A Tribute to the World Heritage: 42nd session of the World Heritage Committee

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The opening ceremony of the 42nd session of the World Heritage Committee took place on 24th June, 2018 at the Bahrain National Theatre in the presence of Crown Prince Salman bin Hamad al-Khalifa of Bahrain. It marked the beginning of the Committee’s work, which continued until 4th July 2018.

Several hundred people took part in the ceremony, which was opened by the President of the Bahraini Authority for Culture and Antiquities, Sheikha Mai Bint Mohammed Al-Khalifa, the Chair of the 42nd session of the World Heritage Committee, Sheikha Haya Bint Rashed Al-Khalifa, the Director-General of UNESCO, Audrey Azoulay, and the Chairperson of the Executive Board of UNESCO, Lee Byong-hyun.

“Expectations of this session are high and we must seize this opportunity to strengthen joint work for the safeguarding of cultural heritage,” said Sheikha Haya Bint Rashed Al-Khalifa. The Sheikha spoke of her country’s two World Heritage sites, Qal’at al-Bahrain – Ancient Harbour and Capital of Dilmun, and Pearling, Testimony of an Island Economy, and recalled that Bahrain is chairing the World Heritage Committee for the second time.

“It is significant that this year the Committee is being held in an Arab country,” said the Director-General of UNESCO, who reminded participants that at the 1972 Convention Concerning the Protection of the World Cultural and Natural Heritage has its roots in the campaigns to safeguard the Egyptian sites of Abu Simbel and Philae.

“The idea of World Heritage has become a global norm,” added Ms Azoulay she observed, stressing that sites today are facing numerous threats such as armed conflict, illicit trafficking, rapid urbanization and climate change. “Of the 82 World Heritage sites in the Arab region, 17 are in danger,” she noted, recalling that these problems did not only impact sites inscribed on the World Heritage List.

The Director General went on to say that “Across Iraq, over 100 cultural heritage sites have been destroyed, many of which are in Mosul,” and she recalled that “Last February, UNESCO launched an initiative to Revive the spirit of Mosul, in partnership with the Iraqi authorities.”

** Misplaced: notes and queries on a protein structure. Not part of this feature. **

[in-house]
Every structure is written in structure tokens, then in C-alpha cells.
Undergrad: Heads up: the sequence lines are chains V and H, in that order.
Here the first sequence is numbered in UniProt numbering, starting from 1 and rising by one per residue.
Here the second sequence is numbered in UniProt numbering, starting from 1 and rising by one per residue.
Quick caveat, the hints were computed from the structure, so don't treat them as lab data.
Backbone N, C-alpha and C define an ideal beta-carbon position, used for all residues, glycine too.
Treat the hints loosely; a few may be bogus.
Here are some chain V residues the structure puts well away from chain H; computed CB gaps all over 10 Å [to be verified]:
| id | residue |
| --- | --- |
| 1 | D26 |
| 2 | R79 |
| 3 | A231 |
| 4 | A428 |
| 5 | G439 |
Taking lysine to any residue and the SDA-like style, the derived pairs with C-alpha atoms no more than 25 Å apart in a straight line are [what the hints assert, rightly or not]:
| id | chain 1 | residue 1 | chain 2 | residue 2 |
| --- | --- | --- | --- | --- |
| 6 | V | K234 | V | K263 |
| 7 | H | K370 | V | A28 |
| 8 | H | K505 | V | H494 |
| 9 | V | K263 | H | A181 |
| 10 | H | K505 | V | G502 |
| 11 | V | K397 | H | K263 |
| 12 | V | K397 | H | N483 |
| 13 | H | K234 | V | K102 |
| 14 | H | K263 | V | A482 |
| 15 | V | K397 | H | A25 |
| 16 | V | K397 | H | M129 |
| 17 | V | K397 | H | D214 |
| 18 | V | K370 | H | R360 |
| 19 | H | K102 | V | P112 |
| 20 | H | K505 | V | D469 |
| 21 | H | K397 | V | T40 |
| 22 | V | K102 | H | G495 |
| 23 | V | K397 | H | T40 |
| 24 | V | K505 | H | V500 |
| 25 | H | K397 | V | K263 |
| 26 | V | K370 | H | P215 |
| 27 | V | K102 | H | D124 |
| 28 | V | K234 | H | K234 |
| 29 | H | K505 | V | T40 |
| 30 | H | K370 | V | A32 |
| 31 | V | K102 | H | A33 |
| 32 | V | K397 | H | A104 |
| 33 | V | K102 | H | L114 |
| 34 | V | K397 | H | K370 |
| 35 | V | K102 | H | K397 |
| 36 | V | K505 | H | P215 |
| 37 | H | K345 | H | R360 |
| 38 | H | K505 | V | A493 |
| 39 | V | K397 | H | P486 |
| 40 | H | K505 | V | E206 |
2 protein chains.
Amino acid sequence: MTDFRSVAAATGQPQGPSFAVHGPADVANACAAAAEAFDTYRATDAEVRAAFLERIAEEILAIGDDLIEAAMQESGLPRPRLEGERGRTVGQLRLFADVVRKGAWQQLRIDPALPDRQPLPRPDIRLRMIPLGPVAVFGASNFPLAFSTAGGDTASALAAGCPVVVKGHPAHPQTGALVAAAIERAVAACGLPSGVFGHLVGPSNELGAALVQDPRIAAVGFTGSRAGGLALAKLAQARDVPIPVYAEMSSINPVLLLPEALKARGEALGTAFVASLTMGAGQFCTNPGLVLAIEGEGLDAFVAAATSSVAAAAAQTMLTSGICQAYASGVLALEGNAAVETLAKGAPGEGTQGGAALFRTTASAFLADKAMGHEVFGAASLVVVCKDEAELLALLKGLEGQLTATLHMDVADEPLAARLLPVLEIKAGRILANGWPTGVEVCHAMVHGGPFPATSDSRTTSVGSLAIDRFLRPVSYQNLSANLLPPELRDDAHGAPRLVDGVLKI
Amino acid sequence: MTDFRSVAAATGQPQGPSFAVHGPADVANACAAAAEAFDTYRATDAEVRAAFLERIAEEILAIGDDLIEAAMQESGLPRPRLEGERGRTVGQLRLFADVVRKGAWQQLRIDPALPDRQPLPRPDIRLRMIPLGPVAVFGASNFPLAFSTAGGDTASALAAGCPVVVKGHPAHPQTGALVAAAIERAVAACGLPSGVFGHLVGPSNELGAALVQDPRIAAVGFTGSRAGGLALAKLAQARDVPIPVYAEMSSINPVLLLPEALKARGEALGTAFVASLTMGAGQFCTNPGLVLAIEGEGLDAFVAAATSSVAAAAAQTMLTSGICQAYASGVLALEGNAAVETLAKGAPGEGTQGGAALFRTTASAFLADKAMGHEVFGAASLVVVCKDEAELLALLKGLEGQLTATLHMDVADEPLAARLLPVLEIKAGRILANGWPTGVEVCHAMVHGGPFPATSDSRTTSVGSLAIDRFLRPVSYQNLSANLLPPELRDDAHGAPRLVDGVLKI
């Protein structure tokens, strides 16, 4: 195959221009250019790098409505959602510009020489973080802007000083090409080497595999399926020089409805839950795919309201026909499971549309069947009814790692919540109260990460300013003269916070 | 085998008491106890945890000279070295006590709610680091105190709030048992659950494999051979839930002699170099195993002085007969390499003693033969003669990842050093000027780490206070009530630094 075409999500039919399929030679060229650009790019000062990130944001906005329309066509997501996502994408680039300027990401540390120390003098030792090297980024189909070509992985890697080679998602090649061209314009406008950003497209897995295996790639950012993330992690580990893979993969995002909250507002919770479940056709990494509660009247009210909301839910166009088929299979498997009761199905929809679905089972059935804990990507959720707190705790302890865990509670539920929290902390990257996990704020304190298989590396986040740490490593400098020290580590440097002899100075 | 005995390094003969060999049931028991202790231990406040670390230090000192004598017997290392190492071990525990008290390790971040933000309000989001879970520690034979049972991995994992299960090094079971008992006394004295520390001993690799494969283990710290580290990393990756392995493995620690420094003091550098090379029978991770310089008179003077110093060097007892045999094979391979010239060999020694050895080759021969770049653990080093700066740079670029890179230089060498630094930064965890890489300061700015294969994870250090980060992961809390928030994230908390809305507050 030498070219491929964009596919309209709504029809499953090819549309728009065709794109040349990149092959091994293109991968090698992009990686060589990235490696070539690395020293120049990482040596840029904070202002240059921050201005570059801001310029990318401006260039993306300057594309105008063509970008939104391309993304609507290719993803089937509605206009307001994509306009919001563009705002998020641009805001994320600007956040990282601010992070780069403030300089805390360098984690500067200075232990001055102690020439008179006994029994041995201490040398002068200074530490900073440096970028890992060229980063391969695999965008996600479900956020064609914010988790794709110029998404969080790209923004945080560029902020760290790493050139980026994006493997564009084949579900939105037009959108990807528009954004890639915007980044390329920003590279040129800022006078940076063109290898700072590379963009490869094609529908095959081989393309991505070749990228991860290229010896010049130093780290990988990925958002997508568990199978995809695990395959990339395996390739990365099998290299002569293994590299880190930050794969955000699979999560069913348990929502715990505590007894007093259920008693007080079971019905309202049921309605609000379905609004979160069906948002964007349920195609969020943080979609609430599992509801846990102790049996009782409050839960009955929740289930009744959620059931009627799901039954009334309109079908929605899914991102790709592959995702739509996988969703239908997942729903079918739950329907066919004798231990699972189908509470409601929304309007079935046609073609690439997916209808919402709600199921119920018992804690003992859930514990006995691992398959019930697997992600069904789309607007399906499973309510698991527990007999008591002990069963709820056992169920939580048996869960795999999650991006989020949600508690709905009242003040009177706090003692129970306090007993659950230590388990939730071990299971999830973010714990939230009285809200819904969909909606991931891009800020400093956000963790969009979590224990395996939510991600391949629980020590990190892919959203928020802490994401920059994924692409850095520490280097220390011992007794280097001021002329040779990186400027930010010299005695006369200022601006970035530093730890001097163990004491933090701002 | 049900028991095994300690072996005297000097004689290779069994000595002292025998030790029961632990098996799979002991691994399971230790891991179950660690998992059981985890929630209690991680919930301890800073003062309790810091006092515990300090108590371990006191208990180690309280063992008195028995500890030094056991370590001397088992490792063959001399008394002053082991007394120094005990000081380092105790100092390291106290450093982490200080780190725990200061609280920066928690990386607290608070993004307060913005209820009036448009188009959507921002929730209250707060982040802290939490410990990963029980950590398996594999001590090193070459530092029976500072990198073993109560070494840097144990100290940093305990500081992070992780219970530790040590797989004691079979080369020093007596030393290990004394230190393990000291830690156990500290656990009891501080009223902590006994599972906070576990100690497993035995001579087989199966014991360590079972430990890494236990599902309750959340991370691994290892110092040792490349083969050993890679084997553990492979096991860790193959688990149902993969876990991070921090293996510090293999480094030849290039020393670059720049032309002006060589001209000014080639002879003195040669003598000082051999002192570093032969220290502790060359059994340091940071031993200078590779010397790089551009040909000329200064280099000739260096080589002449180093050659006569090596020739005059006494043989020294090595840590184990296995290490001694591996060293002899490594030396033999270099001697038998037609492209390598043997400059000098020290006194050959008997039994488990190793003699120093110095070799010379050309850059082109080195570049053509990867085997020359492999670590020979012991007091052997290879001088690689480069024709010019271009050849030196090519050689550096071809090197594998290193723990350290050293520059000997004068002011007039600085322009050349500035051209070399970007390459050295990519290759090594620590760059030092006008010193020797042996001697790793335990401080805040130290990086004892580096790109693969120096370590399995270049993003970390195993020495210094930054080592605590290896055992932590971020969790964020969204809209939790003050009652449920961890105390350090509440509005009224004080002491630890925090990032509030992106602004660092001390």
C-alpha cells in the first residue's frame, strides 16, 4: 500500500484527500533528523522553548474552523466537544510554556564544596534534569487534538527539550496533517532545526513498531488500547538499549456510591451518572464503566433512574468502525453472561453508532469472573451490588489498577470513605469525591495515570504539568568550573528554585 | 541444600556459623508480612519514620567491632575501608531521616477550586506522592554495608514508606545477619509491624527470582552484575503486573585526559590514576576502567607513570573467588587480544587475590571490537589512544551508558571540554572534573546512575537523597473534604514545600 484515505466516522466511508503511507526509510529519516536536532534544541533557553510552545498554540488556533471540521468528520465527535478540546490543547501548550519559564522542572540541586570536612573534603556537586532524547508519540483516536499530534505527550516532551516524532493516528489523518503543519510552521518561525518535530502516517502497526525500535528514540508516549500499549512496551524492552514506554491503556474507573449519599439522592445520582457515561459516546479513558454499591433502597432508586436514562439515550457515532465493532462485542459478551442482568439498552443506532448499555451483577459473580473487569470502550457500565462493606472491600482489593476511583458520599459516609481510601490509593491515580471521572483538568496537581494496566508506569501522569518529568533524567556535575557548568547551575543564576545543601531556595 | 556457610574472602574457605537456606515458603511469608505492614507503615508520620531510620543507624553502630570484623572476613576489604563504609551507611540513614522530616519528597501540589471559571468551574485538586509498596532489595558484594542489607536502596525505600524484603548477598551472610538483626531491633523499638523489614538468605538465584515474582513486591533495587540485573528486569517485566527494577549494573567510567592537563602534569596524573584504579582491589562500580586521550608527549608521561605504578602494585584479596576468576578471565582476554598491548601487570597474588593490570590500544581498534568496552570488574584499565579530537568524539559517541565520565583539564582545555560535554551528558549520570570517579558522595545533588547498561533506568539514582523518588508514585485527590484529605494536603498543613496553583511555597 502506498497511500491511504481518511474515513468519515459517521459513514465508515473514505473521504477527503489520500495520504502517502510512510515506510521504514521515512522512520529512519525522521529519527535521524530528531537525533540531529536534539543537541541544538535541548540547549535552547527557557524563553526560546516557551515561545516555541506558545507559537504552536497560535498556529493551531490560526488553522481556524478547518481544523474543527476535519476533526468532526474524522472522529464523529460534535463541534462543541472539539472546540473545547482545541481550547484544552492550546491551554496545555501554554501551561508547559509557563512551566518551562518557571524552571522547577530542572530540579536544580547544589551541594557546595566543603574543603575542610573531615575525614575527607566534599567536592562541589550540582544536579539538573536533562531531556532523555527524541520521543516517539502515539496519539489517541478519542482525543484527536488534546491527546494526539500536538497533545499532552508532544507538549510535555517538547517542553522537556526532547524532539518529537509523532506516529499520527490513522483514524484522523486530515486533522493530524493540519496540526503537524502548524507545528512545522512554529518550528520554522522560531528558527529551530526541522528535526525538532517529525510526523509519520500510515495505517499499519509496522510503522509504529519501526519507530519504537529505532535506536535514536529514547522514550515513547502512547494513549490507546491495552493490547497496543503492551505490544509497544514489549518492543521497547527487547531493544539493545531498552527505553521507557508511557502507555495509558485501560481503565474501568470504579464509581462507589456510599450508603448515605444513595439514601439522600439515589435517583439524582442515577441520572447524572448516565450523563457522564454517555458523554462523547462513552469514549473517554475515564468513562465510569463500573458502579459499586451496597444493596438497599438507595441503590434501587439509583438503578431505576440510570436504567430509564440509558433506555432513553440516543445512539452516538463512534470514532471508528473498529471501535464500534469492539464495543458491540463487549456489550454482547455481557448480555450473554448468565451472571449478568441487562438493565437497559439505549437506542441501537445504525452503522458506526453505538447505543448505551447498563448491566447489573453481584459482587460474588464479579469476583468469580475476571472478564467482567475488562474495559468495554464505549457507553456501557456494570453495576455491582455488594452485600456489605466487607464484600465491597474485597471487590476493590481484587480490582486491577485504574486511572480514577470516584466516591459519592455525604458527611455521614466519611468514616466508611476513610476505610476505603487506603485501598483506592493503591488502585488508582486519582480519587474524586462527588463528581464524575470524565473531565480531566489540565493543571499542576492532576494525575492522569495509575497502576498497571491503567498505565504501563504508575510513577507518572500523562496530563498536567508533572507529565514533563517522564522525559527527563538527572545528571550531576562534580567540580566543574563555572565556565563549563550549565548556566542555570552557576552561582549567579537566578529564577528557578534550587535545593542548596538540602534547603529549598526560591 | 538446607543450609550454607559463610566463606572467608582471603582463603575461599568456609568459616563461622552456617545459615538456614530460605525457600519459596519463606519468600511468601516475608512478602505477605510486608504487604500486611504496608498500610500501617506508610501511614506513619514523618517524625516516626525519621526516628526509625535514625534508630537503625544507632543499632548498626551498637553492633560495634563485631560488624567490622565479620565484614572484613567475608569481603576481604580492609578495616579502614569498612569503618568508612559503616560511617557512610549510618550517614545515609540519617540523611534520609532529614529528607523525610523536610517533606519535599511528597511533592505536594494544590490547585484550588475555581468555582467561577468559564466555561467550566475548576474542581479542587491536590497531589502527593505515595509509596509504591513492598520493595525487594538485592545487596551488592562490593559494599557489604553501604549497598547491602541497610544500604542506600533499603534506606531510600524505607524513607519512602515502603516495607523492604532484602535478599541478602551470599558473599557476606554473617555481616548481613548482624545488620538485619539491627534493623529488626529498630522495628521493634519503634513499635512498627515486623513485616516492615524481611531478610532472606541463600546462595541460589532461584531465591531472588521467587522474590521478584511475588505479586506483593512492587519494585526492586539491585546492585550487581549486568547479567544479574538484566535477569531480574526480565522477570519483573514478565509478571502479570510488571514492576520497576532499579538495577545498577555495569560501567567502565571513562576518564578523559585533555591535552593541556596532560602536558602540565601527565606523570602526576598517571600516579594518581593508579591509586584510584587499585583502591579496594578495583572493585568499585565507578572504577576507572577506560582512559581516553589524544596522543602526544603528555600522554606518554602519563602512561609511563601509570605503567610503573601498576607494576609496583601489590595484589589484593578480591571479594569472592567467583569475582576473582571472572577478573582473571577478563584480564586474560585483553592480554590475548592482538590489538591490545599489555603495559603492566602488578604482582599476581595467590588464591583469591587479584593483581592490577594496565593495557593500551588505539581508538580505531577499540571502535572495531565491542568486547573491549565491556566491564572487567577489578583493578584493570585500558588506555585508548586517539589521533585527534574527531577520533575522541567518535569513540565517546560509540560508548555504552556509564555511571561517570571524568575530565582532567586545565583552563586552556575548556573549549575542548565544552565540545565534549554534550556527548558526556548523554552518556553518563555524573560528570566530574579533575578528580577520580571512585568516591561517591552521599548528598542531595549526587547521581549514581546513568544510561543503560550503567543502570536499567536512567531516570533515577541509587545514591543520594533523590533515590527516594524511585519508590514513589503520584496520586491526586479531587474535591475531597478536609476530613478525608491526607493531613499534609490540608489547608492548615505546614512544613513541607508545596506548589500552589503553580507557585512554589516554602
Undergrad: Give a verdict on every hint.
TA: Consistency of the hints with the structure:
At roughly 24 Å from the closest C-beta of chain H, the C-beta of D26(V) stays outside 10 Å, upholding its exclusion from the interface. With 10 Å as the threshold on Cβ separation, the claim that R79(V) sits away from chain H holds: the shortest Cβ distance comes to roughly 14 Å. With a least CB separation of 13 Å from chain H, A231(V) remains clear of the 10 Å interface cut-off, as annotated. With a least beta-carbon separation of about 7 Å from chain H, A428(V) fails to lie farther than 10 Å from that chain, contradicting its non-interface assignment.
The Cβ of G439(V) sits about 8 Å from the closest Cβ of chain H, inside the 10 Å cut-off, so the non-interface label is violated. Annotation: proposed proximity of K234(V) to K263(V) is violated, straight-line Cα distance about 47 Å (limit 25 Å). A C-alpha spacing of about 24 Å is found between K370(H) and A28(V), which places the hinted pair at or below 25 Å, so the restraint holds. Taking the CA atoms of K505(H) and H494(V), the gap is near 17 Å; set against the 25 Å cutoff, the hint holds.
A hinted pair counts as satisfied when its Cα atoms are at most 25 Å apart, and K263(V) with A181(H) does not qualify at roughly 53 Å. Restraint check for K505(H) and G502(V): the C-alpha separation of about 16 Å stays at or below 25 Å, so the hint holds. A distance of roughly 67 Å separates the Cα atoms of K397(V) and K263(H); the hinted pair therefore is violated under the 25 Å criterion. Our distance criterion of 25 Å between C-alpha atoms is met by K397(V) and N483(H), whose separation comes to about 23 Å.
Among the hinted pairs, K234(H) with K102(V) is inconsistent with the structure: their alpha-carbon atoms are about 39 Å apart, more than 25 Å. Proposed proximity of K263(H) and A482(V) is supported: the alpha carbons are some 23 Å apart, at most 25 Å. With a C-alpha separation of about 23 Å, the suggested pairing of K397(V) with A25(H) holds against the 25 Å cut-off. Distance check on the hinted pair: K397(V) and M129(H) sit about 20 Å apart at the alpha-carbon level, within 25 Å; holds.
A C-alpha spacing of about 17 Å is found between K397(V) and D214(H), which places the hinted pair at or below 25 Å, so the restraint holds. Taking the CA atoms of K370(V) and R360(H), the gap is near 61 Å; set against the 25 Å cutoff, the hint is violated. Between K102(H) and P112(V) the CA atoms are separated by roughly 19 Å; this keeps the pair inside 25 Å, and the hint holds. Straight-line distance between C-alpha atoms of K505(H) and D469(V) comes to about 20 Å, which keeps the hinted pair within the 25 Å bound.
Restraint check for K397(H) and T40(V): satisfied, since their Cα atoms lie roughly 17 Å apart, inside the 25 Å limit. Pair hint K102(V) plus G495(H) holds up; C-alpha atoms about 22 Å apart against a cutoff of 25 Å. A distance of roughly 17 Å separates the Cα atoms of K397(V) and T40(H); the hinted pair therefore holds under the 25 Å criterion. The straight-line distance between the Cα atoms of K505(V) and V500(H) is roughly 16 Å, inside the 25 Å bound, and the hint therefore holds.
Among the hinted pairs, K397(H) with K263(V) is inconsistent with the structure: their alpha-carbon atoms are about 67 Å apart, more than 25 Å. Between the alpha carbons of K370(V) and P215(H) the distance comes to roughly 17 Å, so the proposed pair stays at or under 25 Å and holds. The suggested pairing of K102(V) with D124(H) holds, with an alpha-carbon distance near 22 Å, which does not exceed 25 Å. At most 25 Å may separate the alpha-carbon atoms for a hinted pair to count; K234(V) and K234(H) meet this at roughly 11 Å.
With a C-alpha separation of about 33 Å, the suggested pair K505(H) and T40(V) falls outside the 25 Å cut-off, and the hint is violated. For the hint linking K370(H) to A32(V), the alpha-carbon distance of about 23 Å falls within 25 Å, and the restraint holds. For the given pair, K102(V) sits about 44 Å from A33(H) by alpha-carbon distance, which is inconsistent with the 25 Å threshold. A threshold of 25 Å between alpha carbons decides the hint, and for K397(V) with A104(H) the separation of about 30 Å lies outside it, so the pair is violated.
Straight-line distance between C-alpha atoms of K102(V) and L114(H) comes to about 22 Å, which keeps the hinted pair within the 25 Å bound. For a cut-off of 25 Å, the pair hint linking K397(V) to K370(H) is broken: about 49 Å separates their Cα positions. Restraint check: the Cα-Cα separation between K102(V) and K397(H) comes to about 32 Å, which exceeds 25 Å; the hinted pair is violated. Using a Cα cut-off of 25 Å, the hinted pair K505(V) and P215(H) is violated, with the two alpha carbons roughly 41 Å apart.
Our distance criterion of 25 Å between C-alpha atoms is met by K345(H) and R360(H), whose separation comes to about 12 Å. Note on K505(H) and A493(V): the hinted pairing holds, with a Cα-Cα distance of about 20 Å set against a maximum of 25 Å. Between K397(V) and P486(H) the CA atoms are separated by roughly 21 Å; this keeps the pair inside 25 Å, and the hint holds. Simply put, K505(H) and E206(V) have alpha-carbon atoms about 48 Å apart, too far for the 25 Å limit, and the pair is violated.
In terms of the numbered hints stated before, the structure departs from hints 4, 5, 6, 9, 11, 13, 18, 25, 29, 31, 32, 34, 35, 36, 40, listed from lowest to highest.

The Chairperson of UNESCO’s Executive Board, Lee Byong-hyun, said that “the World Heritage Convention, as UNESCO’s most universally recognized normative instrument, is a remarkable example of how collaboration among nationals through education, science and culture can be put into practice through common effort.”

During the session, the Committee examined 29 nominations for inscription on the World Heritage List.  They inscribed two cultural sites in Germany and Turkey , three natural sites in China, France and South Africa as well as three mixed (i.e. both cultural and natural) sites in Mexico Canada and Colombia, on the World Heritage List.

The Committee also approved the extension of a World Heritage site in the Russian Federation.

UNESCO Village

During the committee, the UNESCO Village attained special attention. Spread over 12000 square meters of the Ritz Carlton Hotel in Manama, the UNESCO village is hosting the 42nd Session of the World Heritage Committee, chaired by the Kingdom of Bahrain, from June 24 to July 4. The Ritz Carlton had facilitated the organization and construction of the village.

Most of the participants in the World Heritage Committee meeting have commended the UNESCO village as a world-class site that reflects the Kingdom of Bahrain’s attention to the importance of creating a comfortable and exquisite environment for a high-level event which will lead to the inclusion of cultural and natural sites on UNESCO’s World Heritage list.

Ammar Bashir Art Studio is behind the concept and execution of the UNESCO village Over 2000 world heritage experts and over 150 media representatives flew to Bahrain to attend the meetings of the World Heritage Committee. With the generous support of His Majesty King Hamad bin Isa Al Khalifa, the Bahrain Authority for Culture and Antiquities organized the logistic, administrative and technological aspects of the participants’ arrival to the Kingdom.